I sin to make myself feel better because I buy the lie that sin will make me feel better.

And so do you.

Unchecked, we all use dark measures to try to rid ourselves of dark emotions.

And the way our pastor put it made me realize how illogical that is. Darkness cannot eliminate darkness. Sin cannot eliminate emotional pain. (In fact, sin only and always amplifies emotional pain, but that’s where the darkness metaphor breaks down, so let’s save that for another day).

Only light can eliminate darkness.

Jesus is the light, according to the scriptures (John 9:5). He is truth. He is love. And whoever lives in the light – whoever combats their own darkness with the truth of Jesus Christ – has life (John 8:12; Psalm 36:9).

There is only one way out of our pain and our sin – our darkness. And that way is Jesus – the Light. As we press into Him in our moments (our days, our months, our years…) of darkness, He will bring light (truth, hope, love, comfort).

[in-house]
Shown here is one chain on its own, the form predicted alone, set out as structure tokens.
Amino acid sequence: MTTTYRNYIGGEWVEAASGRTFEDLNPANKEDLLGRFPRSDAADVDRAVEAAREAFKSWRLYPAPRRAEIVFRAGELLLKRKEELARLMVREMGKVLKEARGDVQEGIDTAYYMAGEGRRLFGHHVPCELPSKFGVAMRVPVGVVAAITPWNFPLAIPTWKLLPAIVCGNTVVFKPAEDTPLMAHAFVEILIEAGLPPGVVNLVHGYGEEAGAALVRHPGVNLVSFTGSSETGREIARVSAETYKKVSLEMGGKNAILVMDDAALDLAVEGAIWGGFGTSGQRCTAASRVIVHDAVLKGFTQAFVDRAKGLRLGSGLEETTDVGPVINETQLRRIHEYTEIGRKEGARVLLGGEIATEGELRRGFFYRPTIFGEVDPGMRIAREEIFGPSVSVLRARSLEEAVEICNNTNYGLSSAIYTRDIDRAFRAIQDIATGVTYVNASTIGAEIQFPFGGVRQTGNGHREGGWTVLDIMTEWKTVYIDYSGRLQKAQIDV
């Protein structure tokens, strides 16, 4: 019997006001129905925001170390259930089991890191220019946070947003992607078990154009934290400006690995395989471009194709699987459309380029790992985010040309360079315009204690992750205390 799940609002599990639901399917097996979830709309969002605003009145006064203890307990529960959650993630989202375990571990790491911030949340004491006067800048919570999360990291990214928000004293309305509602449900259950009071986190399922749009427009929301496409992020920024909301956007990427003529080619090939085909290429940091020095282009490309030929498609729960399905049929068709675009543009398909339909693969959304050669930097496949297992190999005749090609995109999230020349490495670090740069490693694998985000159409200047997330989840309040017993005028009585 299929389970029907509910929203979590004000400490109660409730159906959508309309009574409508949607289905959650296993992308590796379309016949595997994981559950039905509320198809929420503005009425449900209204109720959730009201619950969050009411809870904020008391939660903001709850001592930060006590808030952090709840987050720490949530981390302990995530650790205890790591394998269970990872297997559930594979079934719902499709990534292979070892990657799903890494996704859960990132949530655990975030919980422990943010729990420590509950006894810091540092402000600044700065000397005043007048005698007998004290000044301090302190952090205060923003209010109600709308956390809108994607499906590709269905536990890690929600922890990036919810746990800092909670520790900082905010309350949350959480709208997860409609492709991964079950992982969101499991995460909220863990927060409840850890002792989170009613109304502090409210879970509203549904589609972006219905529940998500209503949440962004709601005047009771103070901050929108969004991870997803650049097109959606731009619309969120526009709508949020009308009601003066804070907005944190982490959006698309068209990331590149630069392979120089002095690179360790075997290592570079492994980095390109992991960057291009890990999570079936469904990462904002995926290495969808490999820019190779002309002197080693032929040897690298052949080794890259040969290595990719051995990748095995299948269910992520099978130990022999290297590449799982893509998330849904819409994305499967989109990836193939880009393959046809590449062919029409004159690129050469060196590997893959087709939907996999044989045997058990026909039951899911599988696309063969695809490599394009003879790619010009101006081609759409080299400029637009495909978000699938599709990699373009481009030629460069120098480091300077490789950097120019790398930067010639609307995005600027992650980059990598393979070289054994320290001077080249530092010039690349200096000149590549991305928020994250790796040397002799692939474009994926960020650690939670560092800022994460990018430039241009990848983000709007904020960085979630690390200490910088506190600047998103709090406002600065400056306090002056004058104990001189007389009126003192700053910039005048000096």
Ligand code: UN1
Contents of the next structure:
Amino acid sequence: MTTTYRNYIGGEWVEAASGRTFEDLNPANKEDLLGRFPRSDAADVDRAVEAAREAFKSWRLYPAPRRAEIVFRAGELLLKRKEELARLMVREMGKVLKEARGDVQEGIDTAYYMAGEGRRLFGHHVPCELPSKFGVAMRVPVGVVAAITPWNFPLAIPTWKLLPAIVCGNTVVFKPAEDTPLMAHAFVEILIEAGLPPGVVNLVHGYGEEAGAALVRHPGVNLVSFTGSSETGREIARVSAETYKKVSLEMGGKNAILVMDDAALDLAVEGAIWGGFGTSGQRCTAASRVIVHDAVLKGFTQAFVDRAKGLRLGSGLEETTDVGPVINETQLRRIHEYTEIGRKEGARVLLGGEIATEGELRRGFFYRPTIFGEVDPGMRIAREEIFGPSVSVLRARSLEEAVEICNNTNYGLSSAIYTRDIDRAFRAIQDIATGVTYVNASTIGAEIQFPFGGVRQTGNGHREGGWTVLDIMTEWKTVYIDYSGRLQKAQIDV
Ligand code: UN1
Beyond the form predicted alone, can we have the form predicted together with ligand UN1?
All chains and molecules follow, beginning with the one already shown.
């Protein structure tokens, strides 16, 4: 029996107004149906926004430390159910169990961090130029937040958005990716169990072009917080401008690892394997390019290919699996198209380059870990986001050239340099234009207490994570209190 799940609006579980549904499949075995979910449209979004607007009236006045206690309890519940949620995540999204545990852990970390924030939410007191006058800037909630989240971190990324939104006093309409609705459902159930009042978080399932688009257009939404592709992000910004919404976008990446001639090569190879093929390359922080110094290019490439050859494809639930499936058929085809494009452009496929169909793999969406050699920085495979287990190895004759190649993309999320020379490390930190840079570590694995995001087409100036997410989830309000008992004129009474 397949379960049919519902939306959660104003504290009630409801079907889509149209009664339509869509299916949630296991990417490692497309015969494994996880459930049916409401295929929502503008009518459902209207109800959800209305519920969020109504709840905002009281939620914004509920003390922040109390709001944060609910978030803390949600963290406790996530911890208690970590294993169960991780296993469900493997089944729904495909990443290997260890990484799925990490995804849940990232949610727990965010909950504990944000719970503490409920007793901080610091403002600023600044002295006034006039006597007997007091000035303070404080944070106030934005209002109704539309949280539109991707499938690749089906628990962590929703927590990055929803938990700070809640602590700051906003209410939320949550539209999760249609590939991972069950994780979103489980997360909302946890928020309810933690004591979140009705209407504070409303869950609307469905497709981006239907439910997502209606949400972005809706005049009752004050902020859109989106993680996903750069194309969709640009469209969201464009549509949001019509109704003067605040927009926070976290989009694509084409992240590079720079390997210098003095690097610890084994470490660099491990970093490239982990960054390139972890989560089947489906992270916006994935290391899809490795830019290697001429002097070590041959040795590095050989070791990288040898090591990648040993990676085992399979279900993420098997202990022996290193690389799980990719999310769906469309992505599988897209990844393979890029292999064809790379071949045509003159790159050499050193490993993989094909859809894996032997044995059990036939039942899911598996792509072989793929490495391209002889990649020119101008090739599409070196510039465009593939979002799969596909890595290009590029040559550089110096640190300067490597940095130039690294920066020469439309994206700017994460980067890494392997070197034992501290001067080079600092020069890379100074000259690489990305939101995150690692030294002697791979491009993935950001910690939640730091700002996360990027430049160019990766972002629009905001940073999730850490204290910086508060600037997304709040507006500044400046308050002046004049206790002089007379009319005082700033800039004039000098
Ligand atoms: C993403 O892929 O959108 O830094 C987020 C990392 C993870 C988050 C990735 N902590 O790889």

Control. Sigh.

I’m angry. Fuming. More than mildly annoyed.

The short version of why is we had some work done on our house, and the workers suck. I am sitting here waiting for them to come back FOR THE THIRD TIME to correct work they should have gotten right the first time… simple things, like making sure we can’t see daylight around the new door they installed, and lining up the dead bolt correctly so we can, I don’t know, LOCK THE DOOR. And they are an hour and a half late (so far).

I am telling you this not because complaining is my spiritual gift (although, I really think it might be…), but because I am realizing that while, yes, I should be hacked off about this situation, I am way beyond the appropriate level of angry.

Why?

Because those workers are blocking my goal of doing what I want to do with my morning off. And, also, because I am the least flexible person in the world (not literally, although, that’s probably true, too.)

I hate changes of plans. I hate people interfering with how I have already decided my day should go.

Why?

Possibly because I don’t feel in control when someone else changes my plans without my expressed, written consent.